Posted by: NM at September 9, 2008 9:50 AM

I know a lot of Mothers that stay at home, and don't give their children much support. And Mothers that work and are fantastic with their children. And, of course, the opposite is true too.

This woman seems to have more energy than I've ever had. I don't think that how much time you spend with your children is nearly as important as the way you spend the time you have with them.

And I don't think a child loves the stay at home parent more because he/she stays at home. It's the person, not the hours.

But that's just my opinion. I was lucky enough to stay at home and raise my children, and I loved it. But I saw the opposite of some stay at home parents. Some are ready to tear their hair out at the end of the day.

Posted by: cassie-b at September 9, 2008 9:55 AM

Chris,

The fact that you're even asking yourself this question gives you the answers you need about your upcoming promotion. Yes, you love your family with all your heart and soul. Yes, you like working. There's a balance there that you are exploring and will come to grips with in time. I believe that you'll figure that out. Yes I do.

Posted by: k8 at September 9, 2008 10:04 AM

I get the feeling Mrs. Palin hasn't been all that involved in the rearing of her children to date, so I think the proverbial cow is already out of the barn on that one. It's just a feeling I have, but I'm not sure how she can possibly have the jobs she's had (and all that experience!) and be home nursing all those babies. Also, I've seen everyone hold that youngest child - including Cindy McCain - EXCEPT it's mother.

As for you, my friend, I think you'll know when it happens. Kids go through a lot of transitions. I commend you for your devotion - not all dads are like that. But you may find that when the promotion comes through, Mia's in a different place and you'll feel comfortable doing it. Too early to call that one.

Posted by: Candy at September 9, 2008 10:13 AM

I do not have kids but I wanted to make a comment. I think it is terrific when a woman takes care of her children and has a great career, but my real question is ....and always is where is the father in all this? I mean rude cactus is a fabulous father, but why do we always harp on any woman who is pro career? I think it is great if you want to give your kids the best of everything including your time. I have seen a lot of well-adjusted, intelligent children (and happy) in homes that have 2 working parents. Giving families a choice and being supportive of that is a perspective that maybe honestly we have to explore. Last time I checked it takes 2 to make a family really work. If you’re a single parent then I think our communities should support all families, but especially support single parent families. Children are our future! (Sorry about the Whitney Houston reference) I am really ticked off when I see any woman who is attacked for her choices in her career if she is seen as "abandoning" her family....no one ever asks a man that question. SERIOUSLY. I am not a fan of Palin at all but I am tired of women getting the short end of the stick on support. I know I am maybe a minority ...but I think if you want a career man or woman ...kids or no kids it is your choice and really this is America and we should support everyone's choice. Ok now I am off my soap box :)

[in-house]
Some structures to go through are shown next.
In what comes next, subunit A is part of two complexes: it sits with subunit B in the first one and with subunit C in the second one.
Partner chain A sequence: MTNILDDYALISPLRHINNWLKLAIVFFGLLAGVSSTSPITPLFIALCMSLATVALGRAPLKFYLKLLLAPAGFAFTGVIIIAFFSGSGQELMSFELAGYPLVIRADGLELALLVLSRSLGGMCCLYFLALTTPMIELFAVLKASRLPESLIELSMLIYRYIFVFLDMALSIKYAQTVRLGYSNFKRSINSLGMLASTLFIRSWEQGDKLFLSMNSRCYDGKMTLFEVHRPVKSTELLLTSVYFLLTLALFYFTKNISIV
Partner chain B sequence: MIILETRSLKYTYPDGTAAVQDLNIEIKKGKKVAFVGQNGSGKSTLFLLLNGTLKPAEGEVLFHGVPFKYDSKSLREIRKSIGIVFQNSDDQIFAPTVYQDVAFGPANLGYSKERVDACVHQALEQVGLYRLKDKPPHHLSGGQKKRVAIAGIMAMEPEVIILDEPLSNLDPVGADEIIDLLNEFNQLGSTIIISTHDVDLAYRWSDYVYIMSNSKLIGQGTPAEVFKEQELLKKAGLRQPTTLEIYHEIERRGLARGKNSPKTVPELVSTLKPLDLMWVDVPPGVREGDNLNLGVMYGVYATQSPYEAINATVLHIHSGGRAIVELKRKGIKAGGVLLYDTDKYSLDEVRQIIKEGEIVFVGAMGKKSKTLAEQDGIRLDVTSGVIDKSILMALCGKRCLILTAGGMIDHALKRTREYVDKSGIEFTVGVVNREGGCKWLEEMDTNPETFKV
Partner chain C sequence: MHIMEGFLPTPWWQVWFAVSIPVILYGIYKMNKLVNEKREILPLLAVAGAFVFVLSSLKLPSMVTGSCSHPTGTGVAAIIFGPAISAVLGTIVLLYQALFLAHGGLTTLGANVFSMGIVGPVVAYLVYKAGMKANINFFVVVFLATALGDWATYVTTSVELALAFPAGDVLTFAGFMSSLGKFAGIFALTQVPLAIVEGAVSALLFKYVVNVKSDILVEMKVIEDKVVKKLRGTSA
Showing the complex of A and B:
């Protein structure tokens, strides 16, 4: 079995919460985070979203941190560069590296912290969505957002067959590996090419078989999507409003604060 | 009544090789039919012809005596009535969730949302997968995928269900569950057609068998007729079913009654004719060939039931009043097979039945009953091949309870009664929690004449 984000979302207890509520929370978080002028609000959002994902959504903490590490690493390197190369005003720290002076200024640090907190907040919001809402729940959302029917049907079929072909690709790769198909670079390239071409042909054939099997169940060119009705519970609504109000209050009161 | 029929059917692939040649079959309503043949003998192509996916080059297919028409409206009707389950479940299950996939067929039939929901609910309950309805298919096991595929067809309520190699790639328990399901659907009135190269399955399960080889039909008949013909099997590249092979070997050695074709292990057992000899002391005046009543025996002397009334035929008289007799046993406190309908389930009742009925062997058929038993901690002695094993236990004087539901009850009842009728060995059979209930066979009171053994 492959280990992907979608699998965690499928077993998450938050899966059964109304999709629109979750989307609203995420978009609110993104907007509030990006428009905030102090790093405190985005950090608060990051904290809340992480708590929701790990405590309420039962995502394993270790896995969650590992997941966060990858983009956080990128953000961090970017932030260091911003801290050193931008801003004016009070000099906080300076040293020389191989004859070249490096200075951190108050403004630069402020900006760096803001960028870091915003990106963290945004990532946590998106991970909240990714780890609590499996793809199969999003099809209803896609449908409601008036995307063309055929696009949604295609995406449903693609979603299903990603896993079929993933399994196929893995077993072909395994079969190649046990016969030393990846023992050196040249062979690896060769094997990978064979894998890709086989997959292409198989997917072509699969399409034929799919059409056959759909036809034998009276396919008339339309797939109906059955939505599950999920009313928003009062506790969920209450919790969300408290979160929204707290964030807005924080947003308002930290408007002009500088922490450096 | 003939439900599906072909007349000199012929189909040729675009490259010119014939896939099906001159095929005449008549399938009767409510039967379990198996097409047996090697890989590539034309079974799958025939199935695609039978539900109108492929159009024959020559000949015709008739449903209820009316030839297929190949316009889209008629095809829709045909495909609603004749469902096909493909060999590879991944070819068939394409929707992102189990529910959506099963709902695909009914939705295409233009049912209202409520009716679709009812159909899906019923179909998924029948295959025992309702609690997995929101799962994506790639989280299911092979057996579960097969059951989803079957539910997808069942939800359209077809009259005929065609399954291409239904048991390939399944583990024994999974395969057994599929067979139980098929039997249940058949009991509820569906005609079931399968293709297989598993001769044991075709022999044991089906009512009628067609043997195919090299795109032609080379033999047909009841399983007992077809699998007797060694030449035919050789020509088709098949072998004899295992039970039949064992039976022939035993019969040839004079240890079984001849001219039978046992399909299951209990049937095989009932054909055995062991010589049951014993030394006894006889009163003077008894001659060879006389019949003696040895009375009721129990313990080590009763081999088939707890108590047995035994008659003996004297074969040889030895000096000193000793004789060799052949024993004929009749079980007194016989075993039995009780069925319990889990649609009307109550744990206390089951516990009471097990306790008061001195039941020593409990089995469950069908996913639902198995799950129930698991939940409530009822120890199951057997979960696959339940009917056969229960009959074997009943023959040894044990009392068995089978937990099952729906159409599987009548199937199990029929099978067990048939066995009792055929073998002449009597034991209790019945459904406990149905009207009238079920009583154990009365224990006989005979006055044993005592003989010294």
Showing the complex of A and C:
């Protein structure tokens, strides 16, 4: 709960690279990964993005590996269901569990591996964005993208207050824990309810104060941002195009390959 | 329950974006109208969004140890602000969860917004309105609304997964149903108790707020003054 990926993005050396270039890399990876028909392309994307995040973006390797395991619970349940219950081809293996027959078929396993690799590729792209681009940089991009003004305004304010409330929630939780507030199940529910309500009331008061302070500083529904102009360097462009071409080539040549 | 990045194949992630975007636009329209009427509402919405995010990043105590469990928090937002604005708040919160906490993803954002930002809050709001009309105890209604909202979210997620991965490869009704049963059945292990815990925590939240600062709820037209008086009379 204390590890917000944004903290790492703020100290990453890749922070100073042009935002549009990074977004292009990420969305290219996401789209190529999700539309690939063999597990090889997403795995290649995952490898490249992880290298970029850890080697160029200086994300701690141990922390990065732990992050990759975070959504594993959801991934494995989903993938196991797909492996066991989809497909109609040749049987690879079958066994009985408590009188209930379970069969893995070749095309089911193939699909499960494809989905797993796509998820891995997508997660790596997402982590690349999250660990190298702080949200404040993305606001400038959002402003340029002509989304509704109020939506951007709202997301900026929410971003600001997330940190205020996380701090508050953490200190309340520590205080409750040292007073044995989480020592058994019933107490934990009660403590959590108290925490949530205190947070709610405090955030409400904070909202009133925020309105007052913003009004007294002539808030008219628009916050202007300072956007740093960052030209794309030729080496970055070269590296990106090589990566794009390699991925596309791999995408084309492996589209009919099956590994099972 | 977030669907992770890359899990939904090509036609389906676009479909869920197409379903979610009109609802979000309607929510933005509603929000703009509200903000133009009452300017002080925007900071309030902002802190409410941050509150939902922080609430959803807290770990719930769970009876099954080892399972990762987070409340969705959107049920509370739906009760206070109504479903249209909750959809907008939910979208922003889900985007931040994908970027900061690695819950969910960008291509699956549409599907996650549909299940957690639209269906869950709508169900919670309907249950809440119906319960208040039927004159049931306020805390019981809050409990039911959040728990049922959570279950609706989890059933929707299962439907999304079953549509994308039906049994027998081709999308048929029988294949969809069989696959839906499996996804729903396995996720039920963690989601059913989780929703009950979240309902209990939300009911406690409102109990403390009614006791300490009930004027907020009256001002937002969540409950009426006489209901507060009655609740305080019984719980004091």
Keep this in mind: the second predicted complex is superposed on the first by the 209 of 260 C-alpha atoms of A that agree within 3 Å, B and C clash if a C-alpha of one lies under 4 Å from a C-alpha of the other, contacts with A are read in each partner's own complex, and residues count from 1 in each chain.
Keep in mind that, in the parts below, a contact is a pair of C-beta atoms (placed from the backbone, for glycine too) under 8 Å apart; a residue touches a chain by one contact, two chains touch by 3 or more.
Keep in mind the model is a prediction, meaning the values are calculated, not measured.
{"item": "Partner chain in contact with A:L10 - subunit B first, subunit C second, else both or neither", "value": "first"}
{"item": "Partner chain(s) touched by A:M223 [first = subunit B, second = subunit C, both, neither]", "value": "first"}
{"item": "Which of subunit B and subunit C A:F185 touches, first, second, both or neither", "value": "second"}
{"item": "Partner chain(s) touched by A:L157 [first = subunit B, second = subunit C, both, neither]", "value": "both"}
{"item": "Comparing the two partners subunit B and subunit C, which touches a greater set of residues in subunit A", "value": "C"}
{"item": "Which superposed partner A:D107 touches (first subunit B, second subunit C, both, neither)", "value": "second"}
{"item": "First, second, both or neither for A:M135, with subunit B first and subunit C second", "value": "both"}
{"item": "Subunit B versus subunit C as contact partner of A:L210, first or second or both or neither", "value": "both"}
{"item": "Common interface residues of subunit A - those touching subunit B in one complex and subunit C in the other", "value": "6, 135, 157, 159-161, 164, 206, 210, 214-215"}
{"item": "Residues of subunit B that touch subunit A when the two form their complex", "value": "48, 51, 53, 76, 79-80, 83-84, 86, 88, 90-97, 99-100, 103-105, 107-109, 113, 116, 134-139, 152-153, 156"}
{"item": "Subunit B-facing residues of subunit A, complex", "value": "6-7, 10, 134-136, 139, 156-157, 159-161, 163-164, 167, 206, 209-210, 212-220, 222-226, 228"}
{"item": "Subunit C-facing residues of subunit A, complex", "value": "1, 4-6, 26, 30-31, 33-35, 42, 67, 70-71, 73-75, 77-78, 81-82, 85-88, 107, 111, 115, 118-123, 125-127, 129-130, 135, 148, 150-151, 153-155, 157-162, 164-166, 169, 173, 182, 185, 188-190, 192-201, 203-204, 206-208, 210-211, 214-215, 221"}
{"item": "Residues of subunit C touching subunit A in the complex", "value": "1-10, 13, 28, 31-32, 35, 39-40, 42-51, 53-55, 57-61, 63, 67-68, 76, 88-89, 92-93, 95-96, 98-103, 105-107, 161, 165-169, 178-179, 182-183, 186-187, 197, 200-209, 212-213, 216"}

Posted by: Julie Andel at September 9, 2008 10:35 AM

As far as Palin, I think it's a choice she's making, and a poor one at that. IMO, when she chose to have children, she chose to be responsible and do what is best for them until they are adults. Being VP isn't just a regular work outside the home job, her family is obviously going to be neglected in favor of VP duties. The question is - can women have it all? I think the answer is yes, but just not all at once. Sacrifices have to be made at certain points of your life to ensure you're making the best decisions for your family. Unfortunately, I think she's sacrificing her family.

As for you, it's sort of the same, I guess. Obviously you don't wish to sacrifice your family, yet at the same time you realize you have to do what is best to ensure your kids have the brightest future. It must suck to be the breadwinner in that way.

Posted by: Shelly at September 9, 2008 10:35 AM